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I made a couple of new discoveries in terms of resources: the first is thanks to my nephew who showed it to my Mum, who then showed it to us – Michael Rosen on YouTube!  I love that man.  The second is Wonderopolis: if you read this blog regularly you’ll know I struggle with science.  This is probably the first website I’ve come across where science is worded in such a way that I can actually understand it!  The girls and I wanted to know where wind comes from and now we know. 🙂

Cousins, Modroc and Minecraft

Yes, full on Minecraft absorption continues: D is still watching Stampy videos, in particular she loves the Quest ones with his friend Squid.  In fact, we ALL love those ones and can frequently be found giggling together over their silly antics.  M loves to watch Stampy too but mostly she loves to play in my Minecraft world called Babbaville (Babba was a nickname given to me by M before she could talk properly and it stuck: she only started calling me Mum a year or so ago and my niece and nephews still use that name!).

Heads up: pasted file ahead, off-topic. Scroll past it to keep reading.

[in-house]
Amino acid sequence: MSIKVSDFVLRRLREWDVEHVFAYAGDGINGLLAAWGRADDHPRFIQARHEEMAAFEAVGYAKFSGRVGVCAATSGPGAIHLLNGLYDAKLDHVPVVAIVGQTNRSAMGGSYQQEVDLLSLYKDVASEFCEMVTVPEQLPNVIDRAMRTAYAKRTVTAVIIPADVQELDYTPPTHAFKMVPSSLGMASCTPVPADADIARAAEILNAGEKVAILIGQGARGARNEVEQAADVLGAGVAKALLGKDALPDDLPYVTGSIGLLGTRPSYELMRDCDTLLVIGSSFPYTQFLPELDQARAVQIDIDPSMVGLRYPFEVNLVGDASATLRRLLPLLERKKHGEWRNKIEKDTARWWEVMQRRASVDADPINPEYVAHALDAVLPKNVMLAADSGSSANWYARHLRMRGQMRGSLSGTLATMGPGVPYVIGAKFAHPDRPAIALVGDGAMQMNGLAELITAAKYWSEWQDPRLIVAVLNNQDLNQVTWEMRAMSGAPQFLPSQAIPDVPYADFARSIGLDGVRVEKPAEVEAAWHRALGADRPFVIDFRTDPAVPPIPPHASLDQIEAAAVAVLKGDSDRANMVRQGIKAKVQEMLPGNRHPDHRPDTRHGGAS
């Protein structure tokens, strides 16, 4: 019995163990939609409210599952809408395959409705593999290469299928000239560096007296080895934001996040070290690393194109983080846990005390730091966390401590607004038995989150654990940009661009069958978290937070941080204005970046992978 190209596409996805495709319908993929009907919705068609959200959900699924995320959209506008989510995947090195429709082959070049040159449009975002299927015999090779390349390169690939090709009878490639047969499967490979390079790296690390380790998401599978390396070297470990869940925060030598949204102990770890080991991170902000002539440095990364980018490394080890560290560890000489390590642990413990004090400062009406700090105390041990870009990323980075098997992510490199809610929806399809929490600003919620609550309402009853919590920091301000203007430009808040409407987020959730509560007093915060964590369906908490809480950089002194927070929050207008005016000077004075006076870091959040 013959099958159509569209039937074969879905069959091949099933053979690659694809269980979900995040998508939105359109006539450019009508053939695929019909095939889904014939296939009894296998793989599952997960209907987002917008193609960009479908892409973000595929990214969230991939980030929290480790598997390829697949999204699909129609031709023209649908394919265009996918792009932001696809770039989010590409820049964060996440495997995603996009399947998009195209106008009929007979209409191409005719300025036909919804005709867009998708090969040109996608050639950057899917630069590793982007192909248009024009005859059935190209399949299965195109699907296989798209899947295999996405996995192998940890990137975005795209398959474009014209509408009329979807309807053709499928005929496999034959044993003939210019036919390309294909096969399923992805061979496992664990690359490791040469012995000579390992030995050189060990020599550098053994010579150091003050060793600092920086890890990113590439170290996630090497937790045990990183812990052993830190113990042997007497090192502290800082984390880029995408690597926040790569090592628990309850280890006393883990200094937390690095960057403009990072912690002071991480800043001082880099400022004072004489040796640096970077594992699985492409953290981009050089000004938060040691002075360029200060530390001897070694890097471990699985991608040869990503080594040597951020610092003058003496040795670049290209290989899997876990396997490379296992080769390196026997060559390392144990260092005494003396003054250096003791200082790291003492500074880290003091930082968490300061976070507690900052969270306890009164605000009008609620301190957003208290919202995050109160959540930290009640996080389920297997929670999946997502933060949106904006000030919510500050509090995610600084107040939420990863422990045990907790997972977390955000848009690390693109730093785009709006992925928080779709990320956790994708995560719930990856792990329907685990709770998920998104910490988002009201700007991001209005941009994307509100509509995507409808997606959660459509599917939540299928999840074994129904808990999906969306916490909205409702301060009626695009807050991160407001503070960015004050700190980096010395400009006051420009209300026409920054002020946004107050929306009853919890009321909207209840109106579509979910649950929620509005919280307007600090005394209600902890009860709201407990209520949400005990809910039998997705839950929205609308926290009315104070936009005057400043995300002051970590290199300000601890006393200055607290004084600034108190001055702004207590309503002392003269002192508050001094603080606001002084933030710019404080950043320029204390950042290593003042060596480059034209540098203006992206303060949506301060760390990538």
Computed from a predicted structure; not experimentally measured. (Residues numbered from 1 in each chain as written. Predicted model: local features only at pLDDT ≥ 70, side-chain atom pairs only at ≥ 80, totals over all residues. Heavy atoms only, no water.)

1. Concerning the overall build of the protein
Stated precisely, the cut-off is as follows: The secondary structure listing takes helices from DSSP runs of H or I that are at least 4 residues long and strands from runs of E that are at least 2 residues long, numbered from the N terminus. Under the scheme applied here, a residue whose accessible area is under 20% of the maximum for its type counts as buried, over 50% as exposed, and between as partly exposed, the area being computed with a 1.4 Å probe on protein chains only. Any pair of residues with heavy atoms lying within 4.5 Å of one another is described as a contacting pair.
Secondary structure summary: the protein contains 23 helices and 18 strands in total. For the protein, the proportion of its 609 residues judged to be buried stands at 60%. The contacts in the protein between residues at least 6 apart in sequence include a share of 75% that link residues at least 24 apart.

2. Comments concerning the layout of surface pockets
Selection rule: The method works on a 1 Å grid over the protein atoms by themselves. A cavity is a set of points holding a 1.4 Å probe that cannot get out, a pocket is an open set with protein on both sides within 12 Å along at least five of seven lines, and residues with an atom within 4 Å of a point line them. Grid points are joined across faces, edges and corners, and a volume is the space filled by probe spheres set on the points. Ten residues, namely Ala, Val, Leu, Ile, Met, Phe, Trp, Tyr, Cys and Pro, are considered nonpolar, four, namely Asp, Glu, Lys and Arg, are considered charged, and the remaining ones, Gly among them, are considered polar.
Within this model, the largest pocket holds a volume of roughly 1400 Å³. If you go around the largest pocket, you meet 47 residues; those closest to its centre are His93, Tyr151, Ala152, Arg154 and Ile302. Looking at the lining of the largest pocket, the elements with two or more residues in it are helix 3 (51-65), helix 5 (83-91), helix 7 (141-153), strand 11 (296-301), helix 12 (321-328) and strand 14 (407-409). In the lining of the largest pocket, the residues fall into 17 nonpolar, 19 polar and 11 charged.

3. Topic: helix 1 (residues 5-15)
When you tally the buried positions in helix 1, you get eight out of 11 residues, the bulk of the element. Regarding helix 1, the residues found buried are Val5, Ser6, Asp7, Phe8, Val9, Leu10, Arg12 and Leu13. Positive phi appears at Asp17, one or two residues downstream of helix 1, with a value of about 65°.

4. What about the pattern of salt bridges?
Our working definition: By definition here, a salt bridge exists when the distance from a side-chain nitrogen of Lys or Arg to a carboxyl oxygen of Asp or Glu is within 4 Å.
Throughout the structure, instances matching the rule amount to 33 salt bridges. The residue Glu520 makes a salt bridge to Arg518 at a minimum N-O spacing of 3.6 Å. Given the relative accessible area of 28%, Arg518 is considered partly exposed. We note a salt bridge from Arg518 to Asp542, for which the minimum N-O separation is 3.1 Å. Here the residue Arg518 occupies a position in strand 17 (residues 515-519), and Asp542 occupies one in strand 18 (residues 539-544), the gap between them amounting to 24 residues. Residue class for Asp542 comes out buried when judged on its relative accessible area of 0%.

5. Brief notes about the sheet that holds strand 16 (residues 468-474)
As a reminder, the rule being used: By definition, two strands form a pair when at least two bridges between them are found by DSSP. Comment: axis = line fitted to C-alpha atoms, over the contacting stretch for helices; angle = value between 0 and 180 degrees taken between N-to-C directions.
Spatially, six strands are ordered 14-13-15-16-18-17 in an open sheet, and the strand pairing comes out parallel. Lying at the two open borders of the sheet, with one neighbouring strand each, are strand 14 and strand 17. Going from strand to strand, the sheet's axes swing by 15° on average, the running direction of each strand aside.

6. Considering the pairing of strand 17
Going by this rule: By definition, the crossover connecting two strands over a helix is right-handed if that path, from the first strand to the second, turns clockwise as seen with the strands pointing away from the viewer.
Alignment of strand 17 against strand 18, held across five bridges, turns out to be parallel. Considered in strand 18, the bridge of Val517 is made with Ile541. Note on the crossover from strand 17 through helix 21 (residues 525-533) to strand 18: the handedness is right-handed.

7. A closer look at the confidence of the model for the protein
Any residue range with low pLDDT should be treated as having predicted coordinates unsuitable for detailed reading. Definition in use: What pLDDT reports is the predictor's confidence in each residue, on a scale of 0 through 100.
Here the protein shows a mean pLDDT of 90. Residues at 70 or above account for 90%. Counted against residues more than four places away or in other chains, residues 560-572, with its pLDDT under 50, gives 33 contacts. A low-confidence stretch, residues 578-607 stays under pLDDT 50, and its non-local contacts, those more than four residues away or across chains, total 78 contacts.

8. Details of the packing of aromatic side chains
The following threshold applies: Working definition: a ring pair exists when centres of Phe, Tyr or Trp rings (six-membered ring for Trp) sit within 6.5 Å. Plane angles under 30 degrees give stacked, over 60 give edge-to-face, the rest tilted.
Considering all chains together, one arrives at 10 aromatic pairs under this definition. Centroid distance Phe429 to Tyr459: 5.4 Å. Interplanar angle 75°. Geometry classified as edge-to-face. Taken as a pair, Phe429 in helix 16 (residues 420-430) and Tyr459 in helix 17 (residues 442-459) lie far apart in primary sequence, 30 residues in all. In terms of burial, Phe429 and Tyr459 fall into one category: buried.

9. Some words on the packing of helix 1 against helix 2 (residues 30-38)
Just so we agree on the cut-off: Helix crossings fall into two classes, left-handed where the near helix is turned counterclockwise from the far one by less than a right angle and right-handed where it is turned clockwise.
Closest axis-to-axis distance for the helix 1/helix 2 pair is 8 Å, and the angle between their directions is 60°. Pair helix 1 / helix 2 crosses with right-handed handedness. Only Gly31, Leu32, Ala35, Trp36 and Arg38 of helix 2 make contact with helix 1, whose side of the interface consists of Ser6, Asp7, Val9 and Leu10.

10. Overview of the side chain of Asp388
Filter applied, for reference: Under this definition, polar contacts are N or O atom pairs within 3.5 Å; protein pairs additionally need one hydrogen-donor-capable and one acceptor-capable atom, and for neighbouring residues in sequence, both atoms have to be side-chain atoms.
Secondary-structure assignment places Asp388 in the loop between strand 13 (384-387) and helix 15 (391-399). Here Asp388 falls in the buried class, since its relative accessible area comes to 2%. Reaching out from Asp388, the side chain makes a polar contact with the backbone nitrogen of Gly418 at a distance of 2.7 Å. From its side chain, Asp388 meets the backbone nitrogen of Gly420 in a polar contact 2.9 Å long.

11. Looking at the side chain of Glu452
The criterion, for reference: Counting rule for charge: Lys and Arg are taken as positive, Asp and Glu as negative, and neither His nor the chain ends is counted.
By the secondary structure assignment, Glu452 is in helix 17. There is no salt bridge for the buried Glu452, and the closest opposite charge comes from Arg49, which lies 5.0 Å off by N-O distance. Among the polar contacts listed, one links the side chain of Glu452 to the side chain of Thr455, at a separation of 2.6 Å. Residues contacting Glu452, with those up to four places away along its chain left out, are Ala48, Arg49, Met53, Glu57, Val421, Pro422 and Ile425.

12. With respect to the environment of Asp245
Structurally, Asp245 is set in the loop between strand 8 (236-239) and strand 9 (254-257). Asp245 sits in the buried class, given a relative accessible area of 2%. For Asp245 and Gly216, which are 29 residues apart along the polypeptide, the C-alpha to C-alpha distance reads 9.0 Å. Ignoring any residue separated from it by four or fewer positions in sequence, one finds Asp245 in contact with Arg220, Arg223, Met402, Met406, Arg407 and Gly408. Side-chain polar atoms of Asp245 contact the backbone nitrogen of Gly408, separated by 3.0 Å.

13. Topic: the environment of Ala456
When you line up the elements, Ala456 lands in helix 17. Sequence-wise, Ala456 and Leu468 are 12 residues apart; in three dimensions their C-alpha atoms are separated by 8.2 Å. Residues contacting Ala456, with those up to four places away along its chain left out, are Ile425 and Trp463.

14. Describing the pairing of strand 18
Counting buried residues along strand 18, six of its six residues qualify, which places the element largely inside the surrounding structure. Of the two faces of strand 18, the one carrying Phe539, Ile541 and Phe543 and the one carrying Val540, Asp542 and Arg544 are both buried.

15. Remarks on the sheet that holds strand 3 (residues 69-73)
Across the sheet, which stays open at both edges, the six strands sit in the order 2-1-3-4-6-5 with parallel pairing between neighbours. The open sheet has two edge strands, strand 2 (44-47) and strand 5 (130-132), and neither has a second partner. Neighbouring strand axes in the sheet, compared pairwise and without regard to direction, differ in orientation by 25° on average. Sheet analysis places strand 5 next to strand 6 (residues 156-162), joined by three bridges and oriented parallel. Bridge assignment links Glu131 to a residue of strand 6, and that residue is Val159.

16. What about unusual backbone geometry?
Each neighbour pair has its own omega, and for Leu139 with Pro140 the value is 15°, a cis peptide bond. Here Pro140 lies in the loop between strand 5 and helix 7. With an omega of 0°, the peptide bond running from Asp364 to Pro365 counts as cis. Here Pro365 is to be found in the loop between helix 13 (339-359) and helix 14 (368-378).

Babbaville has a remarkable effect on M: it really soothes her.  We’ve set the world up so well now that life is pretty peaceful in Babbaville – M loves to spend her time harvesting crops for her shop (she now has a 3 storey department store), fishing (I can well imagine she would love fishing in real life given the comments she makes about it in Minecraft), sorting out and tidying, and killing the odd mob now and then.  Because it’s my world I have to be playing too or M wouldn’t be able to access it so it means we are spending a lot of time playing together!  It’s really lovely as M has never been all that playful like D – from an early age M’s games would be so heavily controlled and scripted that they were not very pleasant for anybody else to play.  I have seen how playing on Minecraft works as a decompresser for children after school but I never really saw it as therapeutic – now I can see that it really is!